So how did the effort to make some puzzles of his own impact his own puzzle-solving tendencies?

“The idea is you have to look at the world,” he said. “That's one thing. One of the many benefits of puzzles is being able to see the world from a different perspective. To make a good one, you've got to get in the shoes of the puzzler and have a mind meld with them.

“I think it's made me a much clearer thinker in many ways,” he continued. “One is just doing logic puzzles, but another is being aware of language. And since I'm a word nerd, crosswords and a lot of the wordplay ones are all about different meanings.”

(This is where I will note that Jacobs has included, among the myriad other puzzles within the pages of his book, a puzzle hunt of sorts. The starting point is encoded in the book’s introduction, leading those who find it on a wide-ranging puzzle journey that will end, for one lucky participant, in a $10,000 prize. Yes, really. For more information – and access to the book’s introduction – visit www.thepuzzlerbook.com. That’s right – no purchase necessary.)

But what about the puzzles that you can never quite solve? Everyone has their own level of skill and commitment when it comes to puzzles – what happens when you encounter one that’s beyond your abilities? Does A.J. Jacobs ever walk away from an unfinished puzzle?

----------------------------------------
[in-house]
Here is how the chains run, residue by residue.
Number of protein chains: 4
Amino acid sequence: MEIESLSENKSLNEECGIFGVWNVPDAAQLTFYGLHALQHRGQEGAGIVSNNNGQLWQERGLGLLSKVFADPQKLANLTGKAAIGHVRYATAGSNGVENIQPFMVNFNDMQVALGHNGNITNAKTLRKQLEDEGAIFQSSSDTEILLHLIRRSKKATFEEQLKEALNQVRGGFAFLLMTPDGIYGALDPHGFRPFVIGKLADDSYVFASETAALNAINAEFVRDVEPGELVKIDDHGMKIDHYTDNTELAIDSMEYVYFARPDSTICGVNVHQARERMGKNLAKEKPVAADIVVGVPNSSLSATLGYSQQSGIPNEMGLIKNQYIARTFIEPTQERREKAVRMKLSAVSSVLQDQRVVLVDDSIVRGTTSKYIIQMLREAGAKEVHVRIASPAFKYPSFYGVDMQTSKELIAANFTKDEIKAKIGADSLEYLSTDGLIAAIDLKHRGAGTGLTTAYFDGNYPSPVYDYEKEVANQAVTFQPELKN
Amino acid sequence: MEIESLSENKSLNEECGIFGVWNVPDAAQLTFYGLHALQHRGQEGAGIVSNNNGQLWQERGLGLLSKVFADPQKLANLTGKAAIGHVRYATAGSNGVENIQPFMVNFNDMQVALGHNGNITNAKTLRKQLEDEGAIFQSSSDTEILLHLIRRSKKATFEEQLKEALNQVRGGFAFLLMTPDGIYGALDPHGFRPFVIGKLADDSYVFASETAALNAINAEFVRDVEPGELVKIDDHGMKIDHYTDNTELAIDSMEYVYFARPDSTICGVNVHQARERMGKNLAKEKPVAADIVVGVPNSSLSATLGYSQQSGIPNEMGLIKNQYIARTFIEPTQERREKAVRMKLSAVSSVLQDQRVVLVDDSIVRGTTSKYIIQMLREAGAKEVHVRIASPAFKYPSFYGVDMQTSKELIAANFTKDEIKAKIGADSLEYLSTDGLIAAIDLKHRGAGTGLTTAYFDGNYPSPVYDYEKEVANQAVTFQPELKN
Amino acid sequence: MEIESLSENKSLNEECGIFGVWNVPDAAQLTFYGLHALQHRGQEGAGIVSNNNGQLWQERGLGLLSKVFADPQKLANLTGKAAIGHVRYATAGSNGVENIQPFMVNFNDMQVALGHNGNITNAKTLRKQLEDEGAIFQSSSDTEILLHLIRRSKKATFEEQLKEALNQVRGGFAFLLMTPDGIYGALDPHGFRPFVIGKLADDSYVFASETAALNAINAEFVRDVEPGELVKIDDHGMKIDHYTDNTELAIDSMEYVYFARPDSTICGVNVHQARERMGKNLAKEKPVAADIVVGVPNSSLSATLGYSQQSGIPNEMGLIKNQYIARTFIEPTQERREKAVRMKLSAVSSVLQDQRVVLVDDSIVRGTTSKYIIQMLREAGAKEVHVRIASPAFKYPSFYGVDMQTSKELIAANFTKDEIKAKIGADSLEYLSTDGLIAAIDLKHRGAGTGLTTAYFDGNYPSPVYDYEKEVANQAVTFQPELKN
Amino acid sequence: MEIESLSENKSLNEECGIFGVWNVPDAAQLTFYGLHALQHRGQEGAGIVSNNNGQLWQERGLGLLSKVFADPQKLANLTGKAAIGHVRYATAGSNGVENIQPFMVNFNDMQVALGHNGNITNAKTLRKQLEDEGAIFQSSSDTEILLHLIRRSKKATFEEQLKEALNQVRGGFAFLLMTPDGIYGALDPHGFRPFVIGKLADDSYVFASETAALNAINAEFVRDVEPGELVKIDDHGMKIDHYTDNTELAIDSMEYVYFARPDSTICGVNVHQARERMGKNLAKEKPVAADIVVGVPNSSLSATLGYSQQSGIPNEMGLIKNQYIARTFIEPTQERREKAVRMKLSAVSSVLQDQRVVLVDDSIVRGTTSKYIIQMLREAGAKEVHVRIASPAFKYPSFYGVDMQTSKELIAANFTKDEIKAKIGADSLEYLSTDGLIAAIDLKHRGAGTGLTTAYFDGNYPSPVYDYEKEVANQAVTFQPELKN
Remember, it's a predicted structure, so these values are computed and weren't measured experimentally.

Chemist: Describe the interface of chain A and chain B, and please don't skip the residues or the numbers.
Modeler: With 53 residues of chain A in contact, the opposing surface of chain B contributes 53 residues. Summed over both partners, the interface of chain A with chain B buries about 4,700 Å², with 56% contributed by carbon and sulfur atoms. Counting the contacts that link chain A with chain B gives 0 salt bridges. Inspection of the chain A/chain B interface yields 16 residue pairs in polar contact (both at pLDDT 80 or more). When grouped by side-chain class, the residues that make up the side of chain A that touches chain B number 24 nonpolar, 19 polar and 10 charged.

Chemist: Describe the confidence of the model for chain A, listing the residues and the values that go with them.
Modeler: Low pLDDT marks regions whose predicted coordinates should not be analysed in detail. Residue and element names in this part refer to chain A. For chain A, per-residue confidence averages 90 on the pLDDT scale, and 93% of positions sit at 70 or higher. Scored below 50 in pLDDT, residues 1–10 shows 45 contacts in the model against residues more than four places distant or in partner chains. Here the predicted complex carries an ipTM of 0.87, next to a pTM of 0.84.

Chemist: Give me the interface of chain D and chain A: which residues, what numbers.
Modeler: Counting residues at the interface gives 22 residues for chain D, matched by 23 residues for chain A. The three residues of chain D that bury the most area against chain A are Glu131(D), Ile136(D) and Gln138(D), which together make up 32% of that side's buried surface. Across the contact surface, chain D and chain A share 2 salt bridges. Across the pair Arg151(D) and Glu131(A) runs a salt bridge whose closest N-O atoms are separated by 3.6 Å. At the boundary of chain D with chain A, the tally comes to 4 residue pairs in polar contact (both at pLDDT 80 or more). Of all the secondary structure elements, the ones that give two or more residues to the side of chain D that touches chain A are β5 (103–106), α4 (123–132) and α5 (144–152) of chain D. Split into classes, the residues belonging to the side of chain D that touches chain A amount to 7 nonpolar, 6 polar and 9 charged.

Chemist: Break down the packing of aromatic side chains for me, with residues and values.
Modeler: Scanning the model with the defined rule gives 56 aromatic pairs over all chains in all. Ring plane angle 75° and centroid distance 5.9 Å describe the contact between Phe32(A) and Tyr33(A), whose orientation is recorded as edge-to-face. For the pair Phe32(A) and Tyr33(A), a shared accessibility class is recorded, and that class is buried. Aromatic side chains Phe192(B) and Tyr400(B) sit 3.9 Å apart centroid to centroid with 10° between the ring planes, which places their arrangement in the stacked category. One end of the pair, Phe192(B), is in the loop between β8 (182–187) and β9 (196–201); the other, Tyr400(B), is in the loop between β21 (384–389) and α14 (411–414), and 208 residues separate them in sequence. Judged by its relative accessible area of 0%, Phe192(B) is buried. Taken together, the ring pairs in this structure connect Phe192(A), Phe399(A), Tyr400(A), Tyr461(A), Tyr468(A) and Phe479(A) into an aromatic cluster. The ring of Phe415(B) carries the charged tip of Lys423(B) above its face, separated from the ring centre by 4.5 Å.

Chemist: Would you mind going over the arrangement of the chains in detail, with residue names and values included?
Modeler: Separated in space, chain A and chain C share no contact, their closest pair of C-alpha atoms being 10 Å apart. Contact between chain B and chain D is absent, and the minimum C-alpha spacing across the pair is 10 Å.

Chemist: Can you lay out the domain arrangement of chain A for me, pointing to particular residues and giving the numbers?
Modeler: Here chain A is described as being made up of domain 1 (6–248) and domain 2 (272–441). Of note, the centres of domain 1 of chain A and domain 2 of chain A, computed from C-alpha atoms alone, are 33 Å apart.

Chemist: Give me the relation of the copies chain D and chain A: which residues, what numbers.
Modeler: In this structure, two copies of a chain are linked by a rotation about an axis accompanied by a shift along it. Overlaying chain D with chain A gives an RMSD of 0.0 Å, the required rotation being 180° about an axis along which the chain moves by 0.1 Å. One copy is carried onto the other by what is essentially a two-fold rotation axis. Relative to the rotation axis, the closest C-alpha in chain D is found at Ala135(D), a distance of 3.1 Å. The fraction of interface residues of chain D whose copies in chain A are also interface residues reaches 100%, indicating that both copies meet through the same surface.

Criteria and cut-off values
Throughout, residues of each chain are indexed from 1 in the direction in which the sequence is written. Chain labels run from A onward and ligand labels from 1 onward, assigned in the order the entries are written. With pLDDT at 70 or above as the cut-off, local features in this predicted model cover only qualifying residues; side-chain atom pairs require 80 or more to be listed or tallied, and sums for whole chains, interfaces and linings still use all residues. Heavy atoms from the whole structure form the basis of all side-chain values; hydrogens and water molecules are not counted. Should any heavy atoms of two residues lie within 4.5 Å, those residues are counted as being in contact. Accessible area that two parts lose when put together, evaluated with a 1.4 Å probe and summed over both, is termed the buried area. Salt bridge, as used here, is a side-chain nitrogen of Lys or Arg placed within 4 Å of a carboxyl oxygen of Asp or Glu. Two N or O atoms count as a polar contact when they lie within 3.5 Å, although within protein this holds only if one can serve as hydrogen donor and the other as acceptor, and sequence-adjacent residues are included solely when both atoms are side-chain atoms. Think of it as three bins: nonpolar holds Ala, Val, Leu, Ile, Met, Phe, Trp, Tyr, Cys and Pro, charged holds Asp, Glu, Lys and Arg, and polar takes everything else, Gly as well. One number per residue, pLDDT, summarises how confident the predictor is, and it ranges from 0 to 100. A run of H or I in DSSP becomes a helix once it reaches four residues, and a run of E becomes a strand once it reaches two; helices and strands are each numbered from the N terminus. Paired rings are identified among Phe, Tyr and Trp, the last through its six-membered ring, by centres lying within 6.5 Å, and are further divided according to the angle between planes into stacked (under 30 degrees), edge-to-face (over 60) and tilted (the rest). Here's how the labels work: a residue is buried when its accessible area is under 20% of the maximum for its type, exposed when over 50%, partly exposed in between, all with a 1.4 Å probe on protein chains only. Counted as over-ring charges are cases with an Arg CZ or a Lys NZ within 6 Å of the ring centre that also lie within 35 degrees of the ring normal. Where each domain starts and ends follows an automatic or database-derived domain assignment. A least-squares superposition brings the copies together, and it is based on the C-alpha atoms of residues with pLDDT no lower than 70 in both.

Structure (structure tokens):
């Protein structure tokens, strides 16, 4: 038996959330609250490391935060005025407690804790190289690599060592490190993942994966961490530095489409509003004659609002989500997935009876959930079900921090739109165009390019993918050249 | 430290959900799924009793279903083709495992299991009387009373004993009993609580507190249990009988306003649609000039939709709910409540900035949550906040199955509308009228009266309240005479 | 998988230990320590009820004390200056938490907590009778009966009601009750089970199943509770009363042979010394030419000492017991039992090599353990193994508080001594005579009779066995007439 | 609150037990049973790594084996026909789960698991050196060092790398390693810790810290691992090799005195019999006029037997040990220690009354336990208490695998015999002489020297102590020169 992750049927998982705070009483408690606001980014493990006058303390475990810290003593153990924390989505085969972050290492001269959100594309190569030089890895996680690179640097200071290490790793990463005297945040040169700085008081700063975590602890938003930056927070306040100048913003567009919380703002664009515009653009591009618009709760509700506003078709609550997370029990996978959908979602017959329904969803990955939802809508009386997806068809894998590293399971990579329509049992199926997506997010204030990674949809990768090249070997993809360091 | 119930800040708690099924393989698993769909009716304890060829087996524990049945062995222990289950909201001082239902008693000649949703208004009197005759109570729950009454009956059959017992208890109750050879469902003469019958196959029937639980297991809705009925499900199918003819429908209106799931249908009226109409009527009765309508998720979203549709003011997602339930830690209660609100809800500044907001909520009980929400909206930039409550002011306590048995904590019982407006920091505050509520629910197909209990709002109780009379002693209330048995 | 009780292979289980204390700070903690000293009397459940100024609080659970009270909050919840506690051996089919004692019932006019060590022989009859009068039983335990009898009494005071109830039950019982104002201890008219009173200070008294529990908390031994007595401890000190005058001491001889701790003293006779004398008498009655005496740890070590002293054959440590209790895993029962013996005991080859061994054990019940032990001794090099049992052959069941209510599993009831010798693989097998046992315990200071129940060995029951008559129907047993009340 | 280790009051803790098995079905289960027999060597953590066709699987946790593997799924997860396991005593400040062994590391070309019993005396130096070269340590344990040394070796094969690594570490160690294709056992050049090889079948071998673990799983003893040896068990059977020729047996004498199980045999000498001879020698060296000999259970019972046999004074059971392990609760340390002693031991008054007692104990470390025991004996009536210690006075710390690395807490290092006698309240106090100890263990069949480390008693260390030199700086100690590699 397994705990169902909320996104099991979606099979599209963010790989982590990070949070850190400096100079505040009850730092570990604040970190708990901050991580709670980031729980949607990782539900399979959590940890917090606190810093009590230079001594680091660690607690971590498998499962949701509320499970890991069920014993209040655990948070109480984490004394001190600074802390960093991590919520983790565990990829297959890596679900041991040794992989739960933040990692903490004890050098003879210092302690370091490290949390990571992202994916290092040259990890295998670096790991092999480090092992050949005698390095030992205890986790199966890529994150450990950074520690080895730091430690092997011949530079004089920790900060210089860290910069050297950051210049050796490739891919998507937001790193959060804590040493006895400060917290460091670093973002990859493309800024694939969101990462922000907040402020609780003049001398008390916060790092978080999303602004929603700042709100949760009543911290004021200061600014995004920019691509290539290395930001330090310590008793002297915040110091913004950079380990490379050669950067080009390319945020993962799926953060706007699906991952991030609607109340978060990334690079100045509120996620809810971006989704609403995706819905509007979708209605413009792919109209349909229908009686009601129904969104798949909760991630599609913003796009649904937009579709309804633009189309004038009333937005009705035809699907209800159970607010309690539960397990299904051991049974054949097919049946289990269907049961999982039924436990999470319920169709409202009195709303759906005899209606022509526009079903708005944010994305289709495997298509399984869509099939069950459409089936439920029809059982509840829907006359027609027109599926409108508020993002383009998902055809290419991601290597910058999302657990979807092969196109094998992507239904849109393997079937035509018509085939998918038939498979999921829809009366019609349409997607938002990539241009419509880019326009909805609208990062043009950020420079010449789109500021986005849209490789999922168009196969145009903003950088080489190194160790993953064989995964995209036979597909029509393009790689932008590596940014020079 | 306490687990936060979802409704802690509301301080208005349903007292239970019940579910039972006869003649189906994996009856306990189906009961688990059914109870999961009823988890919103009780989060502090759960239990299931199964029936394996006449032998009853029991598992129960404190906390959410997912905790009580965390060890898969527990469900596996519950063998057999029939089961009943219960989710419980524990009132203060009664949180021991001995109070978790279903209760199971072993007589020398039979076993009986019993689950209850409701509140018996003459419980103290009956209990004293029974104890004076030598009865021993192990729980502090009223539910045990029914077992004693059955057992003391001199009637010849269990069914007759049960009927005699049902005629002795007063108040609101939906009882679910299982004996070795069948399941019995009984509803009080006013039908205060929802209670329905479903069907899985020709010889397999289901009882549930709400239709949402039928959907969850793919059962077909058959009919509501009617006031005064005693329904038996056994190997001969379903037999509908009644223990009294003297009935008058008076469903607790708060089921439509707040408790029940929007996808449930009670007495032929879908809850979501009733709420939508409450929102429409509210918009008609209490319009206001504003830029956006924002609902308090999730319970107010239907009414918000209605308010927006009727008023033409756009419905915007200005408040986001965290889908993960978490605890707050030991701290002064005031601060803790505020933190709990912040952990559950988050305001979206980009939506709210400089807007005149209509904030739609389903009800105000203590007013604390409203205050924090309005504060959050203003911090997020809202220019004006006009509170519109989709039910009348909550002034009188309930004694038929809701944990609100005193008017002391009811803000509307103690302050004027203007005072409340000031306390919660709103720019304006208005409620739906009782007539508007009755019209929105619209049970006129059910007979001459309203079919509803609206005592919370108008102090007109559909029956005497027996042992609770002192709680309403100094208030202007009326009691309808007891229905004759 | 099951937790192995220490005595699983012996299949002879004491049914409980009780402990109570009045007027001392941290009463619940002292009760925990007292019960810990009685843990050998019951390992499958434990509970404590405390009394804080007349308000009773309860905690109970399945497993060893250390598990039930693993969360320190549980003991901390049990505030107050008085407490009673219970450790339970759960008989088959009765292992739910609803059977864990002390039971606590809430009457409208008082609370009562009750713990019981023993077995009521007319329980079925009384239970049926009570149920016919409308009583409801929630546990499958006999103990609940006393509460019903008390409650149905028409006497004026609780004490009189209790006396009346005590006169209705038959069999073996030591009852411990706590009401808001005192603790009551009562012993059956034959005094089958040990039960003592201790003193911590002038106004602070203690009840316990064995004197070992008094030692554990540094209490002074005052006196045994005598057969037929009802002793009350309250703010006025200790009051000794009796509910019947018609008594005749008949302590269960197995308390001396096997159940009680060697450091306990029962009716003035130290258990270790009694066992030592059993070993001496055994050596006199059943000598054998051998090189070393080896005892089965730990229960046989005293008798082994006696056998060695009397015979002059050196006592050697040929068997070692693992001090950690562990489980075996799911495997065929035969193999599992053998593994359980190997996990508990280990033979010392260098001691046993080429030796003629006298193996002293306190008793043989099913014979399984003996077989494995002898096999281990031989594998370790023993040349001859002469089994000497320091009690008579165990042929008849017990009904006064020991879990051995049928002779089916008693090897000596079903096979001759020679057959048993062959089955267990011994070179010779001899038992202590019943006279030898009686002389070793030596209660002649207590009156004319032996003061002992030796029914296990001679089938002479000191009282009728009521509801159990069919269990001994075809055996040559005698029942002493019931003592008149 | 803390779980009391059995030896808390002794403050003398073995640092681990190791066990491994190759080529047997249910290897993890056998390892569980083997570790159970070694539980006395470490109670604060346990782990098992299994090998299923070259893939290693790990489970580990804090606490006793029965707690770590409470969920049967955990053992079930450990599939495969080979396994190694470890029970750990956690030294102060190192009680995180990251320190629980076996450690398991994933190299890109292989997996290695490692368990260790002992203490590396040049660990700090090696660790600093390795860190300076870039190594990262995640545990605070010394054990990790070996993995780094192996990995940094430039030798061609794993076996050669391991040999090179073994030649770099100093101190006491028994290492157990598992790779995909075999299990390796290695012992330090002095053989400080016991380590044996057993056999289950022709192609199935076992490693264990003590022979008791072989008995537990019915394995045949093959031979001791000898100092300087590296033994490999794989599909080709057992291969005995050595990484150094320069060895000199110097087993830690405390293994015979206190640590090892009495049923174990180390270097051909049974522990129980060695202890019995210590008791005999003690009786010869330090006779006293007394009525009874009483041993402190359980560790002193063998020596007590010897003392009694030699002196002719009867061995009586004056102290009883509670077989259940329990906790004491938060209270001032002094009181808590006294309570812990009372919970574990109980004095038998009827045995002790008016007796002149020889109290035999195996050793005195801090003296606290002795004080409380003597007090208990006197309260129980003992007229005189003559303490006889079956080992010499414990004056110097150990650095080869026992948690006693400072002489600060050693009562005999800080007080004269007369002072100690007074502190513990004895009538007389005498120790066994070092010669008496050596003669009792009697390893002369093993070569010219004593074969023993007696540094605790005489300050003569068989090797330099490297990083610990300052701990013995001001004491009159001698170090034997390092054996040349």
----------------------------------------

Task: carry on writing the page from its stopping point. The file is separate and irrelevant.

Yes. Yes, he does.

“So many times?” he said with a laugh. “And I think it's okay. I think that it's a good lesson in being okay with uncertainty and not finishing, because life is often uncertain and sometimes you do have to walk away. That's my rationalization.

“In the book, I mentioned that we I wanted to do the biggest jigsaw puzzle ever, and I bought it and it was just so big and dull. I like puzzle jigsaws, as I say, but like a 45,000-piece jigsaw puzzle where it's not even that fun. A jigsaw puzzle. There were all these city scenes and we did it for like a month. Then I tried to outsource it to my niece, who's a great jigsaw puzzler, and she did one of the cities. And then we all just gave up. So that one I'm proud to have walked away from.”

Jacobs also mentioned a number of other puzzles he tackled in the book, from Japanese puzzle boxes to the legendary Kryptos sculpture puzzle at CIA headquarters to the coded diaries of Abraham Maslow’s teenage years, that he never solved. He’s also very forthcoming throughout the book regarding times where he enlisted the assistance of others to solve particularly trying puzzles.

You’ll be unsurprised to hear that a book like this takes a tremendous amount of time to put together. The research required alone is staggering, with Jacobs speaking to all manner of titans of the puzzling world, traveling not just to meet individuals, but also to participate in various elite competitions – the World Jigsaw Puzzle Championship, for example, or the legendarily difficult MIT Puzzle Hunt. An initial timeline of 18 months ballooned to three years, due in part to pandemic circumstances, but also to the fact that Jacobs just kept wanting to do puzzles.

I get it.

Puzzles are part of our lives, whether it’s a crossword or a Rubik’s Cube or a chess problem. Heck, maybe you’re just one of the legions of Wordle fans who discovered the joy of that particular puzzle. There’s something wonderful – particularly in these trying times – about the idea of dealing with a problem that absolutely has a solution, even if it takes some doing to uncover it. Finding order in a disordered world, seeking that eureka moment when all the tumblers click into place – that’s why we puzzle.

Last modified on Wednesday, 27 April 2022 09:33